Oats are grains, too!
In fairness to grains that are not wheat, this recipe is dedicated to the good, ol’ oat! Furthermore, since it’s summer in Texas and temperatures are climbing to 98 degrees with 98 percent humidity, I felt it proper to offer a recipe that does not require firing up the oven! Hallelujah!
There are a million variations floating around for this type snack, so I’m unsure whom to attribute the original recipe. At any rate, this version is the way we eat them in our house. Beyond satisfying my sweet tooth, these little guys have some redeeming nutritional qualities!
Refuel After Your Workout
These bites make a balanced post-workout snack as they have adequate ratios of carbohydrate (which replenishes used up glycogen stores) and protein (to repair and build muscle mass). It’s helpful to eat 1.5 grams of carbohydrate (as found in the oats) per kilogram of body weight within thirty minutes of finishing your cardio workout (1). A little bit of protein (provided by the peanut butter), is helpful after resistance training.
Of course, the amount of refueling depends on the duration and intensity of your workout.
Marathoner? Order up!
Walk around the blocker? Maybe just a nibble…
Need to be gluten free?
Oats can be cross contaminated with gluten. If you desire gluten-free, oats can be found labeled “gluten free” at most any health minded grocer. If not specially labeled as such, the oats probably are laced with gluten so choose accordingly. Furthermore, unless you’re medically diagnosed with Celiac Disease, gluten may not be your enemy. Explore my post about that for further education; Glyphosate: A Link to Gluten Problems? .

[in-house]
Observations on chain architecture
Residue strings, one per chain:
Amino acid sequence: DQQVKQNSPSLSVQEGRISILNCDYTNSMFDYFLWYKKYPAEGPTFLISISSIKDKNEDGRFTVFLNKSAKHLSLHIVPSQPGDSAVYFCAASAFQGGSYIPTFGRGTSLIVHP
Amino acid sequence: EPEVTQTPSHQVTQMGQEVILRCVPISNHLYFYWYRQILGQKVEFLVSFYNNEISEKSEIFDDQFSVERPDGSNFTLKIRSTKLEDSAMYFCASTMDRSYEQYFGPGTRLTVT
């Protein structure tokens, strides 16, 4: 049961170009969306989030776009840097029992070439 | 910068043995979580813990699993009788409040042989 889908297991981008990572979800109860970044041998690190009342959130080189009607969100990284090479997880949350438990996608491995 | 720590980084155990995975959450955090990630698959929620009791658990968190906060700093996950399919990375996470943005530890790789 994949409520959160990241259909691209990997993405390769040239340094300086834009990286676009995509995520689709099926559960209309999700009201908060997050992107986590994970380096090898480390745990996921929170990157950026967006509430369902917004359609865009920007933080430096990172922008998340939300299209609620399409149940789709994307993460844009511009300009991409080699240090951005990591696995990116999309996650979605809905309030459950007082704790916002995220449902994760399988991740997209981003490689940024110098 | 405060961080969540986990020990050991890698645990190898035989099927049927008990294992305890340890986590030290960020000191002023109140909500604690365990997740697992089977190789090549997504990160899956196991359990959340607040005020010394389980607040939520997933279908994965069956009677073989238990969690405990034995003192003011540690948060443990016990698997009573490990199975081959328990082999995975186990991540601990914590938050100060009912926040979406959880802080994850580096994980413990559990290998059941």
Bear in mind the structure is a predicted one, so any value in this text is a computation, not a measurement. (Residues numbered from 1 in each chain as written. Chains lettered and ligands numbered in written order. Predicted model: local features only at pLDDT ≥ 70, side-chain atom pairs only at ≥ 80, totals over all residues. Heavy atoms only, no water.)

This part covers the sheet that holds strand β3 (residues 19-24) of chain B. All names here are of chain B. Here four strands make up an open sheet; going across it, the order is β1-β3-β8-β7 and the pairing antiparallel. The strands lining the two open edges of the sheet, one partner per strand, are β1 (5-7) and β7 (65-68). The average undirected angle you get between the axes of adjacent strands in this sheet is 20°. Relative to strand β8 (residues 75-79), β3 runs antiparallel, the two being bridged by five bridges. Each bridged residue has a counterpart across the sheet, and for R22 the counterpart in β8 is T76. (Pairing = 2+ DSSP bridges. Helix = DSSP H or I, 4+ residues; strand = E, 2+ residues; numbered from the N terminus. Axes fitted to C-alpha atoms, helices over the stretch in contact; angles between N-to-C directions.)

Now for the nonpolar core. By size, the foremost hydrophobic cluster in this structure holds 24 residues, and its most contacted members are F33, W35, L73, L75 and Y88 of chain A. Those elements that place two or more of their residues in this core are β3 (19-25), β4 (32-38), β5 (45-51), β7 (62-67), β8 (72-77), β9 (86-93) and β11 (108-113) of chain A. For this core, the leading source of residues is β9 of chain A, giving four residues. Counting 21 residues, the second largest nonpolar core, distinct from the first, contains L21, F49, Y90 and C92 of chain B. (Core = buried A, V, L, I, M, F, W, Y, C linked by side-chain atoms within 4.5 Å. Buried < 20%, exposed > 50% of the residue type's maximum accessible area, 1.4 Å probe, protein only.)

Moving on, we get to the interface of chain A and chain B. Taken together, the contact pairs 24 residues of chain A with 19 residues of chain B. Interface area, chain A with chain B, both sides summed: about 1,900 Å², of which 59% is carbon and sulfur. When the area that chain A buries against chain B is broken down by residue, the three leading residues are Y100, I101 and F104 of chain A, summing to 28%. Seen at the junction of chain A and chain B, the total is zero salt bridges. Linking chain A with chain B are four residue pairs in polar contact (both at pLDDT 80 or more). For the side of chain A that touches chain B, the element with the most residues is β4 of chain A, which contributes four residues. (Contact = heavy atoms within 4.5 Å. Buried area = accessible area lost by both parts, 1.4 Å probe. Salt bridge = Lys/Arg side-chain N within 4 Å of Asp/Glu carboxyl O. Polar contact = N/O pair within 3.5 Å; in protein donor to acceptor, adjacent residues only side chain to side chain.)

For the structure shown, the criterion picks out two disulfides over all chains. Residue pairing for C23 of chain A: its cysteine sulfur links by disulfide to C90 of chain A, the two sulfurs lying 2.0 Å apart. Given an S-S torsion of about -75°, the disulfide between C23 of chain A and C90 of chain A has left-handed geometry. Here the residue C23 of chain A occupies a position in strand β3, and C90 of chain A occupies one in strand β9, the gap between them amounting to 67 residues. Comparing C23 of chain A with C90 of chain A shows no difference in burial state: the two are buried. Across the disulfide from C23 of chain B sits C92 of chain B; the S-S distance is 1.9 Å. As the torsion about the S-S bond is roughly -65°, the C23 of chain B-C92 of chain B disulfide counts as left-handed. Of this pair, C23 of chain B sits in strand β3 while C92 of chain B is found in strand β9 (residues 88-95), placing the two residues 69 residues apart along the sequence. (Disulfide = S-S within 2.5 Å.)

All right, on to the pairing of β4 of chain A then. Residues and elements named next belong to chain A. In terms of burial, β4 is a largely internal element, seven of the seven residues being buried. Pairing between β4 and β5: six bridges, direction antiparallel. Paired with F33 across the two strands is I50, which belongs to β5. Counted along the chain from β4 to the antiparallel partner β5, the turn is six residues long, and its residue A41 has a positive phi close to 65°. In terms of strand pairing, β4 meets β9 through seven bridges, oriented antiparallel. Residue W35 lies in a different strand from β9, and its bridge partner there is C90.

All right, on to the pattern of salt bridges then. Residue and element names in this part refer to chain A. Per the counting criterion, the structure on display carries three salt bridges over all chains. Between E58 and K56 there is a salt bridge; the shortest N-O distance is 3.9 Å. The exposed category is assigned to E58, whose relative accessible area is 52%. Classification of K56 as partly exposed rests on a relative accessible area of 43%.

Six ingredients = exponential nutrition benefits
Each energy bite ingredient packs a punch. Here’s the nutritional breakdown:
- OATS: Source of stubble fiber, which can offer protection against heart disease, diabetes and excess body weight.
- CACAO: A crunchy, dried cocoa bean that, when raw, can provide stellar amounts of minerals like magnesium, calcium, sulfur, zinc, iron, copper, potassium, and manganese. Cacao nibs also contain polyphenols called flavonoids, which give antioxidant properties (2). They’re a good source of monounsaturated, heart-healthy fats as well as energy boosting B Complex vitamins.
- RAW HONEY: Raw, unprocessed honey is rich with active enzymes. Enzymes are the helpers that serve as catalysts for important, vital bodily functions including digestion and nutrient absorption.
- COCONUT: Coconut is popular these days for its healthy saturated fat (saturated fat has gotten a bad rap, but it’s actually quite healthful) as well as its Laurie acid, which can combat pathogens in the body.
- PEANUT BUTTER: Packed with Vitamin E, potassium, protein and mono-unsaturated fatty acids. MAKE SURE your peanut butter is ORGANIC! You know me, I encourage going 100% organic. With peanut butter, it’s an especially important consideration as non-organic varieties contain questionably harmful aflatoxins. Aflatoxins are proven connected to liver cancer in rodents and, presumably, humans (3). NO JIFFY!
- SEA SALT: In moderation, sea salt provides trace minerals and electrolytes we need for good circulation, hydration, thyroid and adrenal function (4).
- SMOOTHIE MIX: I enjoy adding a greens-rich smoothie mix to energy balls for added nutrition (and chocolately flavor).
And now for the good stuff!
Post-Workout oatmeal energy bites
- 2 cups rolled oats
- 1 cup cacao nibs
- 1 cup shredded coconut
- 1 cup peanut butter
- 2/3 cups raw honey
- Dash of sea salt
- 1/4-1/2 cup Smoothie Powder as desired
- Do NOT preheat oven (Hallelujah!)
- Mix dry ingredients, thoroughly.
- Add wet and again, mix throughly.
- Refrigerate for twenty minutes (this will help the batter hold together for shaping).
- Remove from fridge and roll into walnut sized balls.
- Store in refrigerator.
Nehemiah said, “Go and enjoy choice food and sweet drinks, and send some to those who have nothing prepared. This day is holy to our Lord. Do not grieve, for THE JOY OF THE LORD IS YOUR STRENGTH!” Nehemiah 8:10 NIV
With love and butter,
Jess, The Bread Believer
1. American Council on Exercise. ACE Health Coach Manual. San Diego: ACE, 2013. Print.